The way students are educated shapes their lifelong thinking. I love the Waldorf way and have long been a passionate follower of this path, where children begin their journey into education by first learning about themselves, their culture and their world, rather than A, B, C.

Our homes were set up as Waldorf schools – “the world is my classroom”.

But apart form my eldest son, my other children went to conventional schools but they were schools that support a more liberal and open approach to education. I felt – and still do – that it was important for my children to go to school because I believe children need to be part of society at large, they need a structured and progressive environment, they need to learn to get on with a wide range of peers rather than just children from like-minded families, they needed laboratory equipment, the network, the opportunities and a slice of the outside world that I alone cannot provide, with the best will in the world.

It was a good arrangement all round.  For a few hours each day, my children did what “normal” kids did – they put on school uniform and sat in a classroom. But they came home to a different reality for the rest of the day, the weekends and the long school holidays. They were running round like little savages whilst their peers were being tuitioned or attended music/enrichment/ballet/Kumon classes.


They were comfortable living with this polarity.  The watershed was the A level years, where they had to become mainstream in readiness for university and the world of work. It worked well, because by 16, they were able to make choices based on cold reality rather than dreams, hopes and passion alone. By then, they had known beauty and magic, but also work positively with the fact that the ‘real’ world does not run on beauty and magic alone.

Dreams need concrete foundations, unfortunately, and that involves slog, unproductive days, repetition, uncooperative people, compromise. 

But this seemingly perfect arrangement did not seem to fulfill my youngest child. She was frustrated with the airy-fairy, rainbow Waldorf world. She had fun with languages (spoonerism and Roald Dahl) but wanted to know where it all came from. How did human beings first understood each other? Where did the first language come from? How come there are words that sound alike in languages that have completely different roots?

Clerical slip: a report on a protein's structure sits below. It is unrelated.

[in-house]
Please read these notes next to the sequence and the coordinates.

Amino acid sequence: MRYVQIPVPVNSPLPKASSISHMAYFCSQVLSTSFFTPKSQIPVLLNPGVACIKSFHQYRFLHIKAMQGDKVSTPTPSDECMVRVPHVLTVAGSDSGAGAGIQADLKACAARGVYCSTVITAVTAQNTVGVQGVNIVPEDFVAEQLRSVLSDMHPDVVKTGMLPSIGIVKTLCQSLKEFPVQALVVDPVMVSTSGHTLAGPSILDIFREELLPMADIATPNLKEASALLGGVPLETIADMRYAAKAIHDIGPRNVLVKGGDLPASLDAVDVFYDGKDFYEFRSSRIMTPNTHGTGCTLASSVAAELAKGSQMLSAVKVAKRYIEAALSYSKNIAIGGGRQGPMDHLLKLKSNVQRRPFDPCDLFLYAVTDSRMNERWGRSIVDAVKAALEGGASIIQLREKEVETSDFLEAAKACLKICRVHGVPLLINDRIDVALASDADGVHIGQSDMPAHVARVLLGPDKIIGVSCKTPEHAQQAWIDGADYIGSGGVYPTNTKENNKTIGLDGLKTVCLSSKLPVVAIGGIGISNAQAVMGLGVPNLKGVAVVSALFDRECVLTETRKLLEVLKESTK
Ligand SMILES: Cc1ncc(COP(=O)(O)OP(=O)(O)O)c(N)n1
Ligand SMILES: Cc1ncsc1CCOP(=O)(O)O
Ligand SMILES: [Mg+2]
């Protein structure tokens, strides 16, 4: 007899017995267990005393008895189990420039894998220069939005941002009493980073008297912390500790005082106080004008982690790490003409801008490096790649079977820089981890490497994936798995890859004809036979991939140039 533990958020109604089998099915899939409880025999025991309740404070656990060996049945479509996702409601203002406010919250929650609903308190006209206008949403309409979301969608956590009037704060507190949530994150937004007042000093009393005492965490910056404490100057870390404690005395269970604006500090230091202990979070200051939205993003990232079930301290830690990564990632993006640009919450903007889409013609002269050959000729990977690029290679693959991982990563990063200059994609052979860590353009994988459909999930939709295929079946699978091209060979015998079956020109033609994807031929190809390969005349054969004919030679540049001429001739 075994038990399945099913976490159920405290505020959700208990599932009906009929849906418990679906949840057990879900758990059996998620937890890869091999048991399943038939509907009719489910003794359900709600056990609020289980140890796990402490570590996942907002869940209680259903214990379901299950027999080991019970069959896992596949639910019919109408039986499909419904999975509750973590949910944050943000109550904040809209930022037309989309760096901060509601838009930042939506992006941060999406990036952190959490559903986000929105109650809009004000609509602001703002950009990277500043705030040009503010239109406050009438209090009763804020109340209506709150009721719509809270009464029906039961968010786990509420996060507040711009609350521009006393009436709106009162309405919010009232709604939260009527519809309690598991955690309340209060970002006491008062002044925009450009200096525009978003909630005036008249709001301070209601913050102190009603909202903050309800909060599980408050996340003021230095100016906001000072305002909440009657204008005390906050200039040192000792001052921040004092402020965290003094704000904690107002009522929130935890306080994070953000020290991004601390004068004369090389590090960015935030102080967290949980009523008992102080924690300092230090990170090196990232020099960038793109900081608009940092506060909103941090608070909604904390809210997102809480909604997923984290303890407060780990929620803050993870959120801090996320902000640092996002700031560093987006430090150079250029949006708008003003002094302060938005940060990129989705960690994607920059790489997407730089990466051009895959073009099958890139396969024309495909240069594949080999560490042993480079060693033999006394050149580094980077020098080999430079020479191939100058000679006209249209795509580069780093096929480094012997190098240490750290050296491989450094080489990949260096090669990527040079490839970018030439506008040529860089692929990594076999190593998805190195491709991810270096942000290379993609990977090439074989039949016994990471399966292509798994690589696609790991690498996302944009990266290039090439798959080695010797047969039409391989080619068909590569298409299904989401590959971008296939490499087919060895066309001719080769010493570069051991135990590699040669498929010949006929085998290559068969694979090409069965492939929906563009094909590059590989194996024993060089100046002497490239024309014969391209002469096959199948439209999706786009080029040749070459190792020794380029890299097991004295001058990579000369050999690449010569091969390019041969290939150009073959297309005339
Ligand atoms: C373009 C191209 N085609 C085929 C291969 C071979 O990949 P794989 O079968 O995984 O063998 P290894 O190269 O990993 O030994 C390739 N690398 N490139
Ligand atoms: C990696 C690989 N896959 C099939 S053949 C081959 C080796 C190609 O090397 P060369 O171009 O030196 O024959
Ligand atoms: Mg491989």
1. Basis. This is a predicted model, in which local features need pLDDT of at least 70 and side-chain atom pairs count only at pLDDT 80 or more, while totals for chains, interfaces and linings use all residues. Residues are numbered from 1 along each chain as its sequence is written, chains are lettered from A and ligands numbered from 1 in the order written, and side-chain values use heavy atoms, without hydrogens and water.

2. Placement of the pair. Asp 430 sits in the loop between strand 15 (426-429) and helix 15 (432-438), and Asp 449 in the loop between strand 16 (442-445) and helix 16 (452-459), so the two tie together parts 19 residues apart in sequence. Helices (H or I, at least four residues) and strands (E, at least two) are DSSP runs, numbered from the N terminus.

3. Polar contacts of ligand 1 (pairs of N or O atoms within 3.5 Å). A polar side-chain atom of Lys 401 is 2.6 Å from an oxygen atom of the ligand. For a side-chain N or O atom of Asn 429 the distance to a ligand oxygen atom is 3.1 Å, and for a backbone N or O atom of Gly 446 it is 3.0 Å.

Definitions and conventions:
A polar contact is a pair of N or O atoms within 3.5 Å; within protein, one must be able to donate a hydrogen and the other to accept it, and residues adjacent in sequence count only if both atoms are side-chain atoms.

Numbers. Did human beings invent numbers or did we discover them? If they were invented by humans, how come the universe obeys this system?

She seemed hooked on language, the language of numbers and patterns in the world. I gave her the Waldorf explanation, honed after years of teaching it to her older siblings: we are all part of a larger whole that has its own intrinsic beat and rhythm.  Feel it, expand, be at one with it. All will be known in its own time.

But it frustrated her.

“So back to the school system then!” I yelled at her. I got in a talented but traditional teacher to teach her maths. She couldn’t last the hour.

Fortunately, in our world at that time was a young man from my hometown Portsmouth who taught maths but who understood. He opened the subject so beautifully for G by teaching her about tetrahexaflaxagon.  In no time, she grabbed the paper from him and made her own.

And thus began G’s journey, her transition from Waldorf to Trivium.  Seen here with Gaz, who started her on her journey, playing Pooh sticks in the rainforest.


My Waldorf child grew into a teen intent on constructing her own world-views, using the ancient system of educating the mind that was first practiced in the Middle Ages and established in ancient Greece. Trivium was first explained in Plato’s dialogues: grammar, logic, rhetoric.

The basis of Trivium, as I know it, is words.  She learned that words are very powerful, for they shape reality. And what is reality but just constructs of the mind? Where do those construct come from, and crucially, how to communicate, to build constructs and to be free from them? I post liberally about our conversations because our conversations show the beautiful blooming of her mind, from her sharp humour, to her play with words, to her frustrations.

This was something she did when she was about 12, which captures Trivium very well, I thought:


At 15, she enters Quadrivium, the upper division of the medieval education in the liberal arts, which comprised arithmetic (number), geometry (number in space), music (number in time), and astronomy (number in space and time). This is where I struggle, because having been schooled in Trivium for 4 years, her intellect overtook mine in leaps and bounds. She asked questions that I could not answer though I have a degree in the subject.

Whilst I was teaching her IGCSE in Chemistry, she asked, “What determines the isotopic proportion of elements?” and then…… “Oh, I get it!”. I didn’t. I didn’t know the answer. Today, she can work out energy cycles in her head and comes up with the precise numerical answers with two decimal places.

I knew she had gone beyond me then, when she was 15. I wrote a beautiful story book for her when she turned 16, An Evening In Wonderland, and sent her off to higher skies on her own strong wings, to a place where I cannot take her.

This is a short clip of her father reading An Evening In Wonderland for her. Our much-loved youngest child, may you be guided always and may all your journeys be beautiful ❤

My article for Waldorf Today can be found by clicking on this link.